A Florida Woman Is Suing Kraft Mac & Cheese For Taking Too Long To Make

A South Florida woman named Amanda Ramirez has sued the Kraft Heinz Company for a laundry list of alleged wrongdoings — "deceptive and unfair trade practices," "false and misleading advertising," "violation of state consumer fraud acts," "negligent misrepresentation," "fraud," "unjust enrichment," and "breach of express warranty," to be exact, according to a class action lawsuit filed on November 18. The motivation behind the lawsuit is that Ramirez felt deceived by the wording on the packaging of Velveeta's microwavable shells and cheese cups, which reads, "ready in 3 ½ minutes." However, the plaintiff argues, the mac and cheese takes longer to fully prepare than advertised.

According to The Washington Post, there are four steps listed on the back of the Kraft product, and Ramirez argues that 3 ½ minutes does not take into account the time it takes to remove the lid and sauce pouch from the cup, add water, place the contents in the microwave, wait the 3 ½ minute cook time, stir the shells and cheese together, and let the cup stand so the sauce thickens. Had the label specified that the dish takes "3 ½ minutes to cook in the microwave," the plaintiff says there wouldn't be a problem.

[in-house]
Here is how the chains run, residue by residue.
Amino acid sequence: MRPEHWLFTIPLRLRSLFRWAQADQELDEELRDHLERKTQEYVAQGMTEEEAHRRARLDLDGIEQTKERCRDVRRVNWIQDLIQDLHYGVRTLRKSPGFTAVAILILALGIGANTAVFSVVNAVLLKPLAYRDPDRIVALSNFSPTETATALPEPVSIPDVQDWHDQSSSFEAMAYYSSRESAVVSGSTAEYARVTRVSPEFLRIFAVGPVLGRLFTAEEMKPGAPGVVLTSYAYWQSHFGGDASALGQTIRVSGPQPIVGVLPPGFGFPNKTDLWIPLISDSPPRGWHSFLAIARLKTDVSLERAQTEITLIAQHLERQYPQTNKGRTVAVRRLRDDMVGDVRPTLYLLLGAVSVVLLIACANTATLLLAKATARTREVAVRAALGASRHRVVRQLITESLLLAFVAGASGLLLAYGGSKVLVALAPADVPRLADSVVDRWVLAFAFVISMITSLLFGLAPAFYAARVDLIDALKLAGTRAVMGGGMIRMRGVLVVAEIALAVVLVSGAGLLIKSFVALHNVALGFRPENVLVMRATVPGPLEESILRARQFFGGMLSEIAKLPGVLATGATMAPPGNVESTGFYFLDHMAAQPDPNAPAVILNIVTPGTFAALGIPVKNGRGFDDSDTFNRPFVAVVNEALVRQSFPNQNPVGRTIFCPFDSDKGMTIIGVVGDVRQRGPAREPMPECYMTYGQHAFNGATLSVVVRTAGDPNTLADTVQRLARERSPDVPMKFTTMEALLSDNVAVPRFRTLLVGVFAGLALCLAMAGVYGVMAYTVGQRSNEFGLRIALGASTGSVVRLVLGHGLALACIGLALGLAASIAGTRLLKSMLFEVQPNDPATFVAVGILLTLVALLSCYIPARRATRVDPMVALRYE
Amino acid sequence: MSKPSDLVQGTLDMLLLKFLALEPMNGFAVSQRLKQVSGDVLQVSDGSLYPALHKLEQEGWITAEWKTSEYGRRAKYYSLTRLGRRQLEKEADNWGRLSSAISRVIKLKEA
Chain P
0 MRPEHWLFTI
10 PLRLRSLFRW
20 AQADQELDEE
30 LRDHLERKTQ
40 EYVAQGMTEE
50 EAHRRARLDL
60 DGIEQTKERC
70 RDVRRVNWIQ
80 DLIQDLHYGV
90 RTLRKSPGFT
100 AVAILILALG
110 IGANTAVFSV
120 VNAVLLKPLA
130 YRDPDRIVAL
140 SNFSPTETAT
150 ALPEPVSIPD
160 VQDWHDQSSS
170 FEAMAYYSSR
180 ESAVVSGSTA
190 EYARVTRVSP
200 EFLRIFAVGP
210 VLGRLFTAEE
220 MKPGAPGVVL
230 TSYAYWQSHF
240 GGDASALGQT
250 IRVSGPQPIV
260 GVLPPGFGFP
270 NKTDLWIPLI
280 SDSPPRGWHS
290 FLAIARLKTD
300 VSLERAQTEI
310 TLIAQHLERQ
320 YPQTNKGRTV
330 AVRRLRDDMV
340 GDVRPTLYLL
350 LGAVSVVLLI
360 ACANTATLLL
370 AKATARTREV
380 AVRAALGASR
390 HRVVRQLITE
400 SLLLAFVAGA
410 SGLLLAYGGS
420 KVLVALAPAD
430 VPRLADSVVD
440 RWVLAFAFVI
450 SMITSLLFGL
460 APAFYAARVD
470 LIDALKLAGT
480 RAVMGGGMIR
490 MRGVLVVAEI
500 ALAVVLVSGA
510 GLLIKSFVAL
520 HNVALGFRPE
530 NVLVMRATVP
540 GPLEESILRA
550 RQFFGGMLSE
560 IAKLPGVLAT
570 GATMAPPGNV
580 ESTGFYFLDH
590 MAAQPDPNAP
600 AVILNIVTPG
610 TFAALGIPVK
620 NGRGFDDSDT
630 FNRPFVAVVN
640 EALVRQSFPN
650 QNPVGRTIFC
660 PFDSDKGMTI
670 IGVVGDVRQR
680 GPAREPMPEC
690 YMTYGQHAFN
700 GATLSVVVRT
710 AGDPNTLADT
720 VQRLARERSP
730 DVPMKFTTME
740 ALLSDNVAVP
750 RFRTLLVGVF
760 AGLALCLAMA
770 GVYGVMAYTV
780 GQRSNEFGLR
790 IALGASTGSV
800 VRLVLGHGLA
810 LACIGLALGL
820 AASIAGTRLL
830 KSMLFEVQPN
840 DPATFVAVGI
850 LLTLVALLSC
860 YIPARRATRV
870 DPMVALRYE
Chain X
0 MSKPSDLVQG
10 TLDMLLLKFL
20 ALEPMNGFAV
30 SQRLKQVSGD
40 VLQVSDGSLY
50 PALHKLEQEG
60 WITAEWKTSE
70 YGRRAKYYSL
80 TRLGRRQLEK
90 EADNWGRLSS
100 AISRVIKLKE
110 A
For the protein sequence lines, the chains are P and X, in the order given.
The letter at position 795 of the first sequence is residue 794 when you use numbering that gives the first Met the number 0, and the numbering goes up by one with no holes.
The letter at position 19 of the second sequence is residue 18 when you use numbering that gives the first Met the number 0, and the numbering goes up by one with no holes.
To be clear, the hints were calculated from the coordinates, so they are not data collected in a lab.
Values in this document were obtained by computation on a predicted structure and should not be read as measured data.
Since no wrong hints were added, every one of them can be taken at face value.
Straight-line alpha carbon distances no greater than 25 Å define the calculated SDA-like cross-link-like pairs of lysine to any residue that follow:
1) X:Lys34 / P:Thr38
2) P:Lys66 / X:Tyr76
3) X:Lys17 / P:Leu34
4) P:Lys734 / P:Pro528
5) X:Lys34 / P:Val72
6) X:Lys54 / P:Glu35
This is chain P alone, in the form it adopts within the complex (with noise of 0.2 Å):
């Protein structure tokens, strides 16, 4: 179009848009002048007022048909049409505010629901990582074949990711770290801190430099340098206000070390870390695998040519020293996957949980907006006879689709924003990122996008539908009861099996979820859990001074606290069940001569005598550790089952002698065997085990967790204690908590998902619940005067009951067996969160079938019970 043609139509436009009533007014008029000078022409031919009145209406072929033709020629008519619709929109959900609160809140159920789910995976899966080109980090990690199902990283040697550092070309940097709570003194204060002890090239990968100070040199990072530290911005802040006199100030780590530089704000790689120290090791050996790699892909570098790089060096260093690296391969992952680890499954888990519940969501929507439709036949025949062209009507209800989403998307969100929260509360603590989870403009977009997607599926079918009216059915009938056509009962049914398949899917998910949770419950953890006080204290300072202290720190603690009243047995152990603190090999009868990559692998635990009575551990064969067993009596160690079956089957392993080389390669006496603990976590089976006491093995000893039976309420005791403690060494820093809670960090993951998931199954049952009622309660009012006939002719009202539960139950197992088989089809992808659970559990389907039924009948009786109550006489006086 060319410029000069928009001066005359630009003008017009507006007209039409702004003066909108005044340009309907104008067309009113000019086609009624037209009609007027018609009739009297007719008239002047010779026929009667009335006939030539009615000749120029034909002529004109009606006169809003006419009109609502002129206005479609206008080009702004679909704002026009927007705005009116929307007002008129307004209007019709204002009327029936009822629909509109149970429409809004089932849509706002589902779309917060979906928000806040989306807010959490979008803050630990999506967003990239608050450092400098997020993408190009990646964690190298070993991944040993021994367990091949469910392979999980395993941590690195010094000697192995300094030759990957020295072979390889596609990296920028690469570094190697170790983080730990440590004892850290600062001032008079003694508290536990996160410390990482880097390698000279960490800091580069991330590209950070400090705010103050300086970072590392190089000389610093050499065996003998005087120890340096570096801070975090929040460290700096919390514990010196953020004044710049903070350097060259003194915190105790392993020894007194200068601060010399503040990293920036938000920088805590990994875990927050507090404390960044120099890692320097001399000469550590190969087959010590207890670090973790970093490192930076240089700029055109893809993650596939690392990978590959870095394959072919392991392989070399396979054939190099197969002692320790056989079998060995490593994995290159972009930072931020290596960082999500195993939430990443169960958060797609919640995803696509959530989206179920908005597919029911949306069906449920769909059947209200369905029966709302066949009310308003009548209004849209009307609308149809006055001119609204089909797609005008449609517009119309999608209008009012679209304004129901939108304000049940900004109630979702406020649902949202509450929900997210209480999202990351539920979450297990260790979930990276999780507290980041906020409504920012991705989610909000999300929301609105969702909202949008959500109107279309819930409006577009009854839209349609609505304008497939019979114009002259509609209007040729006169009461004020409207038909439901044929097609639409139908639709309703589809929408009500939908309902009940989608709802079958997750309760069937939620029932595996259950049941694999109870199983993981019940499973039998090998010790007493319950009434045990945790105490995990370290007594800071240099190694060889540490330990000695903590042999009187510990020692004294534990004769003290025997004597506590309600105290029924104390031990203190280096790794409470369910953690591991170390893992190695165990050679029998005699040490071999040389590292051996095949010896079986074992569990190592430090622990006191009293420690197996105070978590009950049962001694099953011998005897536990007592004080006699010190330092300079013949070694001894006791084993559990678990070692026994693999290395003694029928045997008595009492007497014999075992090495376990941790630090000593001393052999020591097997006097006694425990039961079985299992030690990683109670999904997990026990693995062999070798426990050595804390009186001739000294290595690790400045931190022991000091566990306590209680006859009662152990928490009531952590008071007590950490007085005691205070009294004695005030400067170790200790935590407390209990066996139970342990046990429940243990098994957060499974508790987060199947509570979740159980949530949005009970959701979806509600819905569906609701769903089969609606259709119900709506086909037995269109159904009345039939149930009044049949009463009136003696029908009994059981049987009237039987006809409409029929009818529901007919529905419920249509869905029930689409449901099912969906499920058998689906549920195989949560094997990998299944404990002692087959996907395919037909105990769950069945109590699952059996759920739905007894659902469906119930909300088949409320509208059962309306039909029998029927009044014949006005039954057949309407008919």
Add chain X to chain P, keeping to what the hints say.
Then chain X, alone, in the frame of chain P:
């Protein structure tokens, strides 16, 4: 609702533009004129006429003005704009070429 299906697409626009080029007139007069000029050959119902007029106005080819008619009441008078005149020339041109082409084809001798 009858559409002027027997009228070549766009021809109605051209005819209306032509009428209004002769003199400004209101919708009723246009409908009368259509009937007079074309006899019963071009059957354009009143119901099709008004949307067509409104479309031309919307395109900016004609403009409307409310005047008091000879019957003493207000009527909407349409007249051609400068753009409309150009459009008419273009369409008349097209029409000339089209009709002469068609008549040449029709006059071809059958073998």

The lawsuit accuses the Kraft Heinz Company of deceptive advertising

According to the class action lawsuit, the Kraft Velveeta microwavable macaroni and cheese cups are able to be sold for a "premium price" of $10.99 for eight cups because of their claim to be a convenient food product that's ready to eat in 3 ½ minutes. The lawsuit says this misleading advertising is especially problematic today, when many consumers "seek to stretch their money as far as possible when buying groceries." Ramirez was willing to pay a little extra for the speedy preparation at first, but when she realized she wasn't saving as much time as she thought, she decided she would not be purchasing the shells and cheese again until the packaging reflects the reality.

To rectify the situation, the lawsuit is seeking upwards of $5 million for "statutory and punitive damages" and includes other consumers from 10 other states who also purchased the Kraft mac and cheese cups during the statutes of limitations period, per NPR. While one Washington Post reader called the lawsuit "trivial," Ramirez's lawyers told NPR that it's shedding light on a broader issue of deceptive advertising that's far too common and breaking consumers' trust in certain food producers. As for the defendant, the Kraft Heinz Company knows about the lawsuit, which it calls "frivolous," and "will strongly defend against the allegations in the complaint."